114


(b) Application of pest control tools will be undertaken in a manner that manages adverse effects on waterways, hauanga kai, and indigenous species. (c)

Waikato-Tainui shall be consulted on all pest management strategies developed and pest control operations planned on public land within the rohe.

(d) Appropriate monitoring occurs of the effectiveness of pest management, control and eradication operations in protecting priority ecosystems, increasing the extent and abundance of taonga species, and achieving improvements in the ecological health of terrestrial indigenous habitats, rivers, lakes, wetlands, and coastal areas. (e) Investigations by the relevant authorities or agencies into further mechanisms and/or incentives that could be implemented to better facilitate greater support by private landowners in the implementation of pest management strategies. (f)

Supporting commercial nurseries and landscape contractors to: i.

Stock more locally eco-sourced indigenous plants;

ii. Discourage the stocking of potential pest plant species; and iii.

Better educate customers/clients regarding the risks from release of potential pest plants.

(g) Relevant authorities or agencies investigate public education and promotion initiatives, voluntary measures, and/or regulatory mechanisms to restrict the release of ornamental and exotic plant and animal species along Waikato-Tainui rivers, their tributaries, wetlands, and lakes. This may include reviewing and, if necessary, developing amendments to regulations relating to biosecurity and bio-protection for nurseries and orchards, zoos and animal parks, and tourism operators. (h) Organisations responsible for pest management encourage people to report sightings of pest species.

115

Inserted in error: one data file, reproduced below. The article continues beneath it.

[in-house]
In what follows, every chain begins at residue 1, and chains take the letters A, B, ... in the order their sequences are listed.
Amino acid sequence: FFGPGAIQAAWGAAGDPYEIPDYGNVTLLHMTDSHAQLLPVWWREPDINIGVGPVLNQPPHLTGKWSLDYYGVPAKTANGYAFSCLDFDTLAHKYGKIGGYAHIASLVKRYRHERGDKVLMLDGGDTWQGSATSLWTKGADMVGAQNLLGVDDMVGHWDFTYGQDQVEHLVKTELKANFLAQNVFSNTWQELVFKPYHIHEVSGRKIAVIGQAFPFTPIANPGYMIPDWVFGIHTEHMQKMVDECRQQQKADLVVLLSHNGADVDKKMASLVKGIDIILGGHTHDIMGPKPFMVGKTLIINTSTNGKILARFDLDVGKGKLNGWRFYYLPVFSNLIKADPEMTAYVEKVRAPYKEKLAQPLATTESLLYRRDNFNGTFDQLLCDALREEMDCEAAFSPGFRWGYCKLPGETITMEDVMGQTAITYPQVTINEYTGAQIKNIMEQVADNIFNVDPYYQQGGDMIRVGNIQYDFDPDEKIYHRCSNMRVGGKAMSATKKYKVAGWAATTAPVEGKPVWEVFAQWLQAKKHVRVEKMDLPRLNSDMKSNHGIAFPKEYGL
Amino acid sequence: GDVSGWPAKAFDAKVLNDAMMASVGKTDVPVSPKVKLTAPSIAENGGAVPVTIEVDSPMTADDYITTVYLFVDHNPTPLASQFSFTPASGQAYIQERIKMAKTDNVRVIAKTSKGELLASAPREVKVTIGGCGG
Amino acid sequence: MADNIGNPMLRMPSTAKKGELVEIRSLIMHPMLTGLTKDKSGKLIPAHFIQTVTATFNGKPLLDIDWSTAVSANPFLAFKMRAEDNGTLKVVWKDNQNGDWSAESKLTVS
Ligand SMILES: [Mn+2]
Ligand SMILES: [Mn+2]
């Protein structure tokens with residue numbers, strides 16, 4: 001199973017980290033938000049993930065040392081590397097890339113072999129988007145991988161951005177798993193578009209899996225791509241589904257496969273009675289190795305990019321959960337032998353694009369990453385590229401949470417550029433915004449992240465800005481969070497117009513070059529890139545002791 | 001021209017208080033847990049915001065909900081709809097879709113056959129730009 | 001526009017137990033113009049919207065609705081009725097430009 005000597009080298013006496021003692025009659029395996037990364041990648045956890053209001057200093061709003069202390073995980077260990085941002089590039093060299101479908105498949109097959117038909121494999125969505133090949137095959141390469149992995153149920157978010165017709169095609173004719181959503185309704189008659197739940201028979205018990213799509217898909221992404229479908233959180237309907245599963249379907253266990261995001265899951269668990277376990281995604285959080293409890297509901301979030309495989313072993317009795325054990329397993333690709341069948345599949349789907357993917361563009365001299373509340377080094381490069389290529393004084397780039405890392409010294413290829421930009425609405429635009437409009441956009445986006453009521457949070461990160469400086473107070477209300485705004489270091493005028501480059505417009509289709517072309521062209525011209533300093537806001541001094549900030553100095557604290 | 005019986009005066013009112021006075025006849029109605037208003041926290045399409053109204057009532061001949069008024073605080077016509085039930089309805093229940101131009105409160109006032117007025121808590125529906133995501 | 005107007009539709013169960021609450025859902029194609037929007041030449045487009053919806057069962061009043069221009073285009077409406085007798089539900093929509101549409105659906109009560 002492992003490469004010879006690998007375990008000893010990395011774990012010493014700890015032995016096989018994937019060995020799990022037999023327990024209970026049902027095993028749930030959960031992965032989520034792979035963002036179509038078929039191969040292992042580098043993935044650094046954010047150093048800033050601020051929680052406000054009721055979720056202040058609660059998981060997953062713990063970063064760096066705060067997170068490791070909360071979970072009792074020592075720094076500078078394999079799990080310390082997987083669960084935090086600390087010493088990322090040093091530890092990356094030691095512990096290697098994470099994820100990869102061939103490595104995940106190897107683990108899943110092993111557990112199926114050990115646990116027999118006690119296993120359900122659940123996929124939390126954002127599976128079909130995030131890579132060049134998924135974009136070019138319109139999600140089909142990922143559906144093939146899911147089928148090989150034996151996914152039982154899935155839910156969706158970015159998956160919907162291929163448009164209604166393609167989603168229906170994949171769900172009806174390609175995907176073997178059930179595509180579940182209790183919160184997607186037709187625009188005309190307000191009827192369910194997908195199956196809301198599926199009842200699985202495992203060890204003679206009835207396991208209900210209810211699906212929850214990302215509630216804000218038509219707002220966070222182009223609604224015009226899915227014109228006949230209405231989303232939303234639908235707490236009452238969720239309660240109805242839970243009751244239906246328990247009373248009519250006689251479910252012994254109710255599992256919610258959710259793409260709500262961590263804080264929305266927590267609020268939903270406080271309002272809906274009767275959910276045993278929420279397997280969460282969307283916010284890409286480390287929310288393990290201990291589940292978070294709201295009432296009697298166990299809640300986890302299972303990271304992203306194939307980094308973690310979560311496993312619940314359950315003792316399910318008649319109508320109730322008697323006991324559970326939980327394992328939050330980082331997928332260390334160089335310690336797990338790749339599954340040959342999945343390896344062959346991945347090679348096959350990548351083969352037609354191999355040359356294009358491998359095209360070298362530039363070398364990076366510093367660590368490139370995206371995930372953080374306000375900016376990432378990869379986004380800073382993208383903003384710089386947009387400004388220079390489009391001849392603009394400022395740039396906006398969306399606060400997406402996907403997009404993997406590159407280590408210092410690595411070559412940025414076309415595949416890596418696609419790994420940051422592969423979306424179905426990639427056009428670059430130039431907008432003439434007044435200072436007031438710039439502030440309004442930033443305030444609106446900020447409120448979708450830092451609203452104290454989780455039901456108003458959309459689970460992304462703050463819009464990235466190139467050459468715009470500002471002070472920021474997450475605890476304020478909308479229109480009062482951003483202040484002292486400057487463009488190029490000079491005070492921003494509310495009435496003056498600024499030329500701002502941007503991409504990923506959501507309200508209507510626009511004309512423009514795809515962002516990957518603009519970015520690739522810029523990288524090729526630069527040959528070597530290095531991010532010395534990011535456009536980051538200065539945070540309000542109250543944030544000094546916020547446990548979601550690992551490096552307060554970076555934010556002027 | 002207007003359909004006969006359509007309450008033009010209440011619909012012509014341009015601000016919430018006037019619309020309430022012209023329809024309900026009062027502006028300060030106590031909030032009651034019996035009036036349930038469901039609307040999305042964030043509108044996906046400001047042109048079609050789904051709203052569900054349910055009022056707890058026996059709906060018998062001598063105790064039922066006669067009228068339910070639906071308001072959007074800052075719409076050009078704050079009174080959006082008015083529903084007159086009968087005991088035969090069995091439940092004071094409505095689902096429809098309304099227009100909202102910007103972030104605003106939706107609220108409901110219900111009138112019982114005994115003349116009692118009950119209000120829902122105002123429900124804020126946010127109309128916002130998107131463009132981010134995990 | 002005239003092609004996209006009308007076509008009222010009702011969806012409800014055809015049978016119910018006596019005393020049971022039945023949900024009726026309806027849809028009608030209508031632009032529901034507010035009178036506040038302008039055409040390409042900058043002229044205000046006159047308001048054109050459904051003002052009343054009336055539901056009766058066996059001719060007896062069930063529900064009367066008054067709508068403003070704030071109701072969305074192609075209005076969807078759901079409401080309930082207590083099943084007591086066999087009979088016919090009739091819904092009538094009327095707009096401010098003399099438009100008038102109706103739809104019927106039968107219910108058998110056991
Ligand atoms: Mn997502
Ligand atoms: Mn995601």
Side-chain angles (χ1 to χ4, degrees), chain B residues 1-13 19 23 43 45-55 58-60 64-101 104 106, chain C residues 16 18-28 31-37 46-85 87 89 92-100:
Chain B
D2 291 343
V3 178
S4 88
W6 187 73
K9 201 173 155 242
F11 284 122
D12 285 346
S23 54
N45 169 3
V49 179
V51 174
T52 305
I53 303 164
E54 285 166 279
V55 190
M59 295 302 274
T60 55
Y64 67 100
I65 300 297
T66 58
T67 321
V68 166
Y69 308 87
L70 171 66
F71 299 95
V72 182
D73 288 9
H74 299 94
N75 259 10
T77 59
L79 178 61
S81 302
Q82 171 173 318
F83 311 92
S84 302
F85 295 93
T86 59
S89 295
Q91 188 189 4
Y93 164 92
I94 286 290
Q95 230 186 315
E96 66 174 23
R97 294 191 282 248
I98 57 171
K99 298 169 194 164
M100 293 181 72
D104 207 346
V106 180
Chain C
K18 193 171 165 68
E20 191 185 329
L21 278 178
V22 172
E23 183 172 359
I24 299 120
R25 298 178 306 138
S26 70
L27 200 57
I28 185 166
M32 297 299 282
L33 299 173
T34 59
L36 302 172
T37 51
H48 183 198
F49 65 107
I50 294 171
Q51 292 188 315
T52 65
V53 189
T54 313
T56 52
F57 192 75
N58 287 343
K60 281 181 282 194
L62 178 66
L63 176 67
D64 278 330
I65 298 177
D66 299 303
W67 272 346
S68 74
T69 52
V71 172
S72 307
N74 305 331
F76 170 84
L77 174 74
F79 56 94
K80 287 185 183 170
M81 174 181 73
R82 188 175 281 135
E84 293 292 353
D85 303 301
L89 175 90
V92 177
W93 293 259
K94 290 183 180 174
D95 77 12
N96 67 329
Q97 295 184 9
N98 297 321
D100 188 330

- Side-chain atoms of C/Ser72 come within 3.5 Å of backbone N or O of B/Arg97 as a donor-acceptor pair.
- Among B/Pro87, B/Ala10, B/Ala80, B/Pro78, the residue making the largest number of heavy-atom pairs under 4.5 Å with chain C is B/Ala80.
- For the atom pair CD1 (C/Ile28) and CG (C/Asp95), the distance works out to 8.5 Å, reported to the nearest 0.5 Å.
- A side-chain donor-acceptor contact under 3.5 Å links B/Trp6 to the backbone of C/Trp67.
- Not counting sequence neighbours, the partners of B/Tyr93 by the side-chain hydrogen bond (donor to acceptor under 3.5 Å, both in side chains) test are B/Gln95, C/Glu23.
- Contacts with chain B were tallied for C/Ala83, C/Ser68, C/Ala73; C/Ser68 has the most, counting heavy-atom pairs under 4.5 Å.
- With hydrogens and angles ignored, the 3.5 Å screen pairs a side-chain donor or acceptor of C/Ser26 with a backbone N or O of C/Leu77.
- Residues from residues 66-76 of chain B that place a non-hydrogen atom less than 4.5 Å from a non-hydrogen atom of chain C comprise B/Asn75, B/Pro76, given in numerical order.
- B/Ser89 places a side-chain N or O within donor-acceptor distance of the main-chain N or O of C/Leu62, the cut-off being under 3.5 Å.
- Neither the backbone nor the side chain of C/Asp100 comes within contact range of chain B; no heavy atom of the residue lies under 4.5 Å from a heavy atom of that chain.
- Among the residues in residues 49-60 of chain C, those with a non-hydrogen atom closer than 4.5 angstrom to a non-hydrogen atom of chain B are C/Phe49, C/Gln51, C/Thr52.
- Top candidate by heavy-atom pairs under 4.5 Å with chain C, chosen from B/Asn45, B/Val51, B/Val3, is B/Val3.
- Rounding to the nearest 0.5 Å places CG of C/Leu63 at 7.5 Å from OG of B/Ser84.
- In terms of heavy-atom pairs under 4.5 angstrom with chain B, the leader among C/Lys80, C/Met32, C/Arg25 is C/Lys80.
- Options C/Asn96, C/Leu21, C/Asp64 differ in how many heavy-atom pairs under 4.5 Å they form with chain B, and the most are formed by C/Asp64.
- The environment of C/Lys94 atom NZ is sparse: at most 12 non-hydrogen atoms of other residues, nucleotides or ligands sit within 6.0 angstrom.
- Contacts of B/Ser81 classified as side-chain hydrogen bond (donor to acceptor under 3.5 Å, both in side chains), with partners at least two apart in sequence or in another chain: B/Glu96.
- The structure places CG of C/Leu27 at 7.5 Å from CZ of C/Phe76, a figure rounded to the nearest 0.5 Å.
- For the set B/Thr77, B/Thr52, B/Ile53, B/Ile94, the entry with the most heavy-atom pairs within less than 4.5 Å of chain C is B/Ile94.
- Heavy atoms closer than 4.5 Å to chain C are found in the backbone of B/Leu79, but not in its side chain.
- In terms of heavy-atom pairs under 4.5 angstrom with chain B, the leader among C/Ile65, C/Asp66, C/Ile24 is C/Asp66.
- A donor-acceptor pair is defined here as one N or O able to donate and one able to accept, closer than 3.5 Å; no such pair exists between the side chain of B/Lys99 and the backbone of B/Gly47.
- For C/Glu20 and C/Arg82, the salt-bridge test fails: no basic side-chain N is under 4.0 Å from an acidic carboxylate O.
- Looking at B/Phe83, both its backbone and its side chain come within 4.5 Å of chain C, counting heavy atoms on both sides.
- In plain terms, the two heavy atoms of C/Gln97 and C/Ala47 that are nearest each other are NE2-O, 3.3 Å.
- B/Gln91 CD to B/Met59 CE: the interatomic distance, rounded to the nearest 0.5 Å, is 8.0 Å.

Objective – control agents 15.3.4 Control agents are effective in controlling or eradicating target pest(s) with no non-target effects. Policy – control agents 15.3.4.1 To ensure that control agents are effective in controlling or eradicating target pest(s) with no non-target effects. Methods (a) Relevant pest control and other agencies and research institutes use industry best practice in pest animal and plant control, while: i. Encouraging appropriate pest control to protect indigenous vegetation; ii. Promoting and facilitating the development of effective pest plant, animal control and eradication tools, with an emphasis on non-toxic tools, and lowered application rates of herbicides, pesticides, and other toxic control tools; iii. Requiring that biological control agents have demonstrably no effect on non-target species or a minimal effect that is acceptable to Waikato-Tainui; iv. Requiring that prior to being approved for use biological control agents are proven to have no chance of becoming pest species; and v. Directing research effort towards the determination of effective methods for controlling, managing, and /or eradicating pest plant and animals species. Objective – new organisms and Genetically Modified Organisms 15.3.5 A precautionary approach to the introduction of new organisms and GMO’s shall be adopted. Policy – Protection of natural heritage from risk of new organisms 15.3.5.1 Applications for new organisms and GMO’s must demonstrate that there are no risks to humans, indigenous ecosystems, indigenous species, or primary production.